A FIREFIGHTER who grew up outside Omagh has received widespread praise after bravely opening up about his daily struggles with his stammer.
Peter Bradley (31), who is originally from Clanabogan, but now lives in Belfast, features in a two-and-a-half minute video clip called, ‘The fireman who’s fighting stammer stigma’, that went live on the BBC News NI website at the weekend.
Many of the people commenting on the story describe the popular 31-year-old, who used to work behind the bar in Sallys nightclub, as “inspiring”.
In the video, Mr Bradley, who is based at Cadogan Fire Station on Lisburn Road in Belfast, explains what it is like to live with a stammer.
“Sometimes people laugh and they think it’s a weakness or a sign of nervousness, but it’s much more than that,” he says.
He describes his stammer as a “physical struggle” that’s caused by a neurological condition.
“So the language pathway in the brain, the activity’s different for someone that stammers and it’s hereditary for most. I’ve got family members that stammer and lost theirs, but I’ve been lucky to keep mine,” the firefighter says.
During the interview, Mr Bradley reveals that he had to drop out of his university degree, which was hospital-based, because he couldn’t cope with communicating with the public anymore.
“It definitely has been a struggle at times. But I’m very happy to be where I’m at now,” he says.
Describing living with a stammer as a “journey you have to take”, Mr Bradley says, “Every day I have to communicate with my team members in real emergency situations, where it’s important to, and with the general public too, to pass on messages of fire safety and education. From every word to every syllable, every day it can be different.”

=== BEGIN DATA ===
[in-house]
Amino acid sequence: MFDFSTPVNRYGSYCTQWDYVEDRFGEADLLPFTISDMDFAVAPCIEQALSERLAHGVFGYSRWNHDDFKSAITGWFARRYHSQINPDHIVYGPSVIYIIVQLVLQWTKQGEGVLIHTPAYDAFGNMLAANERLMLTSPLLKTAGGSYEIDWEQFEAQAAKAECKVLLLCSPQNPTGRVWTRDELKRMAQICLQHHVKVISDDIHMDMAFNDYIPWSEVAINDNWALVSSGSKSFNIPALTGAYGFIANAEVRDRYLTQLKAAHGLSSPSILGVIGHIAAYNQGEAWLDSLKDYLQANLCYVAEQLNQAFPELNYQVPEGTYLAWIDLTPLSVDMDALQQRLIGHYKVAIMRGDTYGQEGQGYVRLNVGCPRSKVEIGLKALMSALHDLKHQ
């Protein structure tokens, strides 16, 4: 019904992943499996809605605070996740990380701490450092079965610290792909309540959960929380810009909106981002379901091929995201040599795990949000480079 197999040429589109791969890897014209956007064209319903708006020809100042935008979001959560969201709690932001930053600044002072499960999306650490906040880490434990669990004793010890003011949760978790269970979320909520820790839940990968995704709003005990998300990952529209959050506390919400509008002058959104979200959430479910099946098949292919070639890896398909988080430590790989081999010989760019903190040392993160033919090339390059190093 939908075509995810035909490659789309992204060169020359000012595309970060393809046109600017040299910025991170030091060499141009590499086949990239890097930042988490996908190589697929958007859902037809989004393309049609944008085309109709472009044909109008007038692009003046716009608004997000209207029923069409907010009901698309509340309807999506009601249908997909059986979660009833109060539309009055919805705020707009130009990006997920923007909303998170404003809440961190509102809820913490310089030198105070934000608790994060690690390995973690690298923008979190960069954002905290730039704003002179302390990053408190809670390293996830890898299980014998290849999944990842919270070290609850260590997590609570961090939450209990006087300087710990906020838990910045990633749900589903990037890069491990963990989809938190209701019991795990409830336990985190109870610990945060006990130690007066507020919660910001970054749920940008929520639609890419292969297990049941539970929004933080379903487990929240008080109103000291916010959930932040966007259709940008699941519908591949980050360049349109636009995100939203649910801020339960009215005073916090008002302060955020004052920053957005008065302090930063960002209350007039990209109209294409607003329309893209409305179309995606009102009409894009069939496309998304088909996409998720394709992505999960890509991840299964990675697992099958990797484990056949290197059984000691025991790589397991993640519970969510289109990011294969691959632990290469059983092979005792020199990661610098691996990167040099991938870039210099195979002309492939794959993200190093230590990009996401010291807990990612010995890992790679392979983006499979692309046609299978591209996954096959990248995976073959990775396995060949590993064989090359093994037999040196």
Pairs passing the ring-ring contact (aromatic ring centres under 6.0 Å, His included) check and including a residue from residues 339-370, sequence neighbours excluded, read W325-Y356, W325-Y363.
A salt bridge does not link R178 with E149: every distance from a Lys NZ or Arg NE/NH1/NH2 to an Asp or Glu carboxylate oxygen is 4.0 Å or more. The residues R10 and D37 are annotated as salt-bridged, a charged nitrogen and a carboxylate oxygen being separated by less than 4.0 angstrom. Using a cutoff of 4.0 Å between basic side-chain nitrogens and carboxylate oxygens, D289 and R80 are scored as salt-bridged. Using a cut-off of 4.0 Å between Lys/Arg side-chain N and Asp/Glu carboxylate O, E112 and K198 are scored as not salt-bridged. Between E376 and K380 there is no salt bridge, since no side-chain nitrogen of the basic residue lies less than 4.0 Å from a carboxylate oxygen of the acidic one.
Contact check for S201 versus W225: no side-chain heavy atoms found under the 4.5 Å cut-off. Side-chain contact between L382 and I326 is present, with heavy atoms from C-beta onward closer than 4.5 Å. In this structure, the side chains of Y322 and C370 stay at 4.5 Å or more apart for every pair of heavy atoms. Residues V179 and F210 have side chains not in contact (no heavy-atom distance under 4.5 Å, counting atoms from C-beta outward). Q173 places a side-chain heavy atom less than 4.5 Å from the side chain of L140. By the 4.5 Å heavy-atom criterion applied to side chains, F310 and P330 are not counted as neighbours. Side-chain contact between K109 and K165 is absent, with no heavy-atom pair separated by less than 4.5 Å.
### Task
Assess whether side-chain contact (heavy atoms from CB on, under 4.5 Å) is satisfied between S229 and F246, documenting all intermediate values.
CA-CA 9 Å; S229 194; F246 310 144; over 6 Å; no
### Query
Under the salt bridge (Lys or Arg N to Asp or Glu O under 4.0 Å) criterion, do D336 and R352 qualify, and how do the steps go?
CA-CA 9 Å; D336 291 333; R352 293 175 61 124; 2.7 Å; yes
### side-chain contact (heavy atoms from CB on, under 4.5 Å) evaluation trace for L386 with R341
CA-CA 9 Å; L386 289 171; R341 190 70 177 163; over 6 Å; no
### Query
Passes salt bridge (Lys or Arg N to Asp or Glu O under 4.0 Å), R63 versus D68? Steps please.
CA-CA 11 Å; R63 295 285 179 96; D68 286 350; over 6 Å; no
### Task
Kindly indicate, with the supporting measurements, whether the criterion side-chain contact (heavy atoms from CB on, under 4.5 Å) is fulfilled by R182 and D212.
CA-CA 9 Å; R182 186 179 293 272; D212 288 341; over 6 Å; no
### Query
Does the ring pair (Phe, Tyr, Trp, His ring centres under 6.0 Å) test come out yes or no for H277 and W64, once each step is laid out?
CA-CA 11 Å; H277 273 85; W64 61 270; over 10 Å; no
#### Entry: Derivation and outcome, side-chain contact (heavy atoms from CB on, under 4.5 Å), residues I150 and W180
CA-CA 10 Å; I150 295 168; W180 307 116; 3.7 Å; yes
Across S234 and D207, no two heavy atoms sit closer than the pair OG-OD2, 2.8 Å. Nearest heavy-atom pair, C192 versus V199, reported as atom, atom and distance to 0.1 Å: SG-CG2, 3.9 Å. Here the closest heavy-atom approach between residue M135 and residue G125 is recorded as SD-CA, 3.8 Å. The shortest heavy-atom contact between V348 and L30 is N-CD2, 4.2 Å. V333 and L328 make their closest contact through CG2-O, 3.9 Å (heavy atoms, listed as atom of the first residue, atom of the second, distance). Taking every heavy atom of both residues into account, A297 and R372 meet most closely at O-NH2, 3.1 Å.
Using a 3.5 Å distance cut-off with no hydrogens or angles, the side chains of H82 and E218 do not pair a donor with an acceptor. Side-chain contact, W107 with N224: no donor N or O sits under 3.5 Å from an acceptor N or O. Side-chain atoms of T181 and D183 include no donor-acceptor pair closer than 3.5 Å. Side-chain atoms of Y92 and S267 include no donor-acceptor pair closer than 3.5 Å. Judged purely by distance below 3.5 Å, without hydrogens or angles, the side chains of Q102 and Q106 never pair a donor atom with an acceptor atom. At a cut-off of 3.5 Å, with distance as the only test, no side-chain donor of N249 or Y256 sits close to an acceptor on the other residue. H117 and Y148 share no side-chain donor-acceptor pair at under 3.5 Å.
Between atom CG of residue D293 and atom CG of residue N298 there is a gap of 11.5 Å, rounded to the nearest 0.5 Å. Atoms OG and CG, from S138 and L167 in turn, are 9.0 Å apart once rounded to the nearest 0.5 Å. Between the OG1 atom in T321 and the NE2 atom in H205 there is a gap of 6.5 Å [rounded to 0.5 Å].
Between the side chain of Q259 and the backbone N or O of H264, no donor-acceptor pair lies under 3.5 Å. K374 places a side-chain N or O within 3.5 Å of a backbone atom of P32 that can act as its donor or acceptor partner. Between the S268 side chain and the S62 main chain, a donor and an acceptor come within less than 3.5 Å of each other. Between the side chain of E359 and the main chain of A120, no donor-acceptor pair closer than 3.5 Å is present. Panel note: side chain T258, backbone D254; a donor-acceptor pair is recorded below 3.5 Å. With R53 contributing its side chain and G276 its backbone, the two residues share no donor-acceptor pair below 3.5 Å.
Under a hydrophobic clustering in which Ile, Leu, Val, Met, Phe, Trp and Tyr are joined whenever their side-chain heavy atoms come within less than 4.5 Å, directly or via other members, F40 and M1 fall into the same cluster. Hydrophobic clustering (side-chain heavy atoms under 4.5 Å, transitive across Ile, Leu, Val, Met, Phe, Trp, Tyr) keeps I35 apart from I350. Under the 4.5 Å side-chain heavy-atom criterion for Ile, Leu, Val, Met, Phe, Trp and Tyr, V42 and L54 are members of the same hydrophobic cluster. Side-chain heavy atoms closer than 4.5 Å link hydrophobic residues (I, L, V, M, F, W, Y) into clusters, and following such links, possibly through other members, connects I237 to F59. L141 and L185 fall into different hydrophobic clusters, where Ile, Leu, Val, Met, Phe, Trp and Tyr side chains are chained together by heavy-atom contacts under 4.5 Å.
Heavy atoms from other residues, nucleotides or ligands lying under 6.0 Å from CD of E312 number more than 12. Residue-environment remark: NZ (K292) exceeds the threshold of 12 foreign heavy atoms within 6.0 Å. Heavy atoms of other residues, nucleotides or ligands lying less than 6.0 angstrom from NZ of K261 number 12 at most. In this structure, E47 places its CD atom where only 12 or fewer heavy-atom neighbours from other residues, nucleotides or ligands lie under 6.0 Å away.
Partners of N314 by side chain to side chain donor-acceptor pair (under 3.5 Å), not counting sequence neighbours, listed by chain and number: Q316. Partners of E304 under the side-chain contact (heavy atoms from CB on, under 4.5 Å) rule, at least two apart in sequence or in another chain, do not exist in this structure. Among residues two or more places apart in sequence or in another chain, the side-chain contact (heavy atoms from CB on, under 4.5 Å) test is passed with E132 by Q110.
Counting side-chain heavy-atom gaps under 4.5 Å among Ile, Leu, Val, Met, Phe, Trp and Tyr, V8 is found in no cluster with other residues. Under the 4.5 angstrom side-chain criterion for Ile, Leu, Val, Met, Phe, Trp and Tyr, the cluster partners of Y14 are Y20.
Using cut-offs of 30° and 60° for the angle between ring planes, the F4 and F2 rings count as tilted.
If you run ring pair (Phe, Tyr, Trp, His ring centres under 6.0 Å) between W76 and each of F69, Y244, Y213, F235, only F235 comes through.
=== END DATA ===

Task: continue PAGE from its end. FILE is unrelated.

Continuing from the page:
The Tyrone man admits that he finds it harder to speak to people if they see stammering as a negative thing.
But he adds, “If you’re speaking to someone who has a stammer, give them the time because it’ll be worth the wait.”
Away from his firefighting duties, Mr Bradley said his life has changed for the better after he started to give talks to school children – although he conceded that he was initially reluctant to do so.
In a separate article for the British Stammering Association, he wrote, “The thought of going into a school and talking in front of a class of cheering kids about fire safety became much more daunting to me than running into a house that was engulfed in flames.
“That all changed when a friend recommended The Starfish Project and my employers very kindly agreed to fund my attendance on one of their courses. It changed my life for the better. I now lead school talks and get great enjoyment and fulfilment from volunteering to speak to groups, sending radio messages to our control centre and answering the phone in the fire station.”
Mr Bradley said he now feels empowered and able to do something confidently that once kept him up at night.
“My stammer has awarded me with ‘bounceback-ability’, a high level of empathy and a drive to help others,” he added.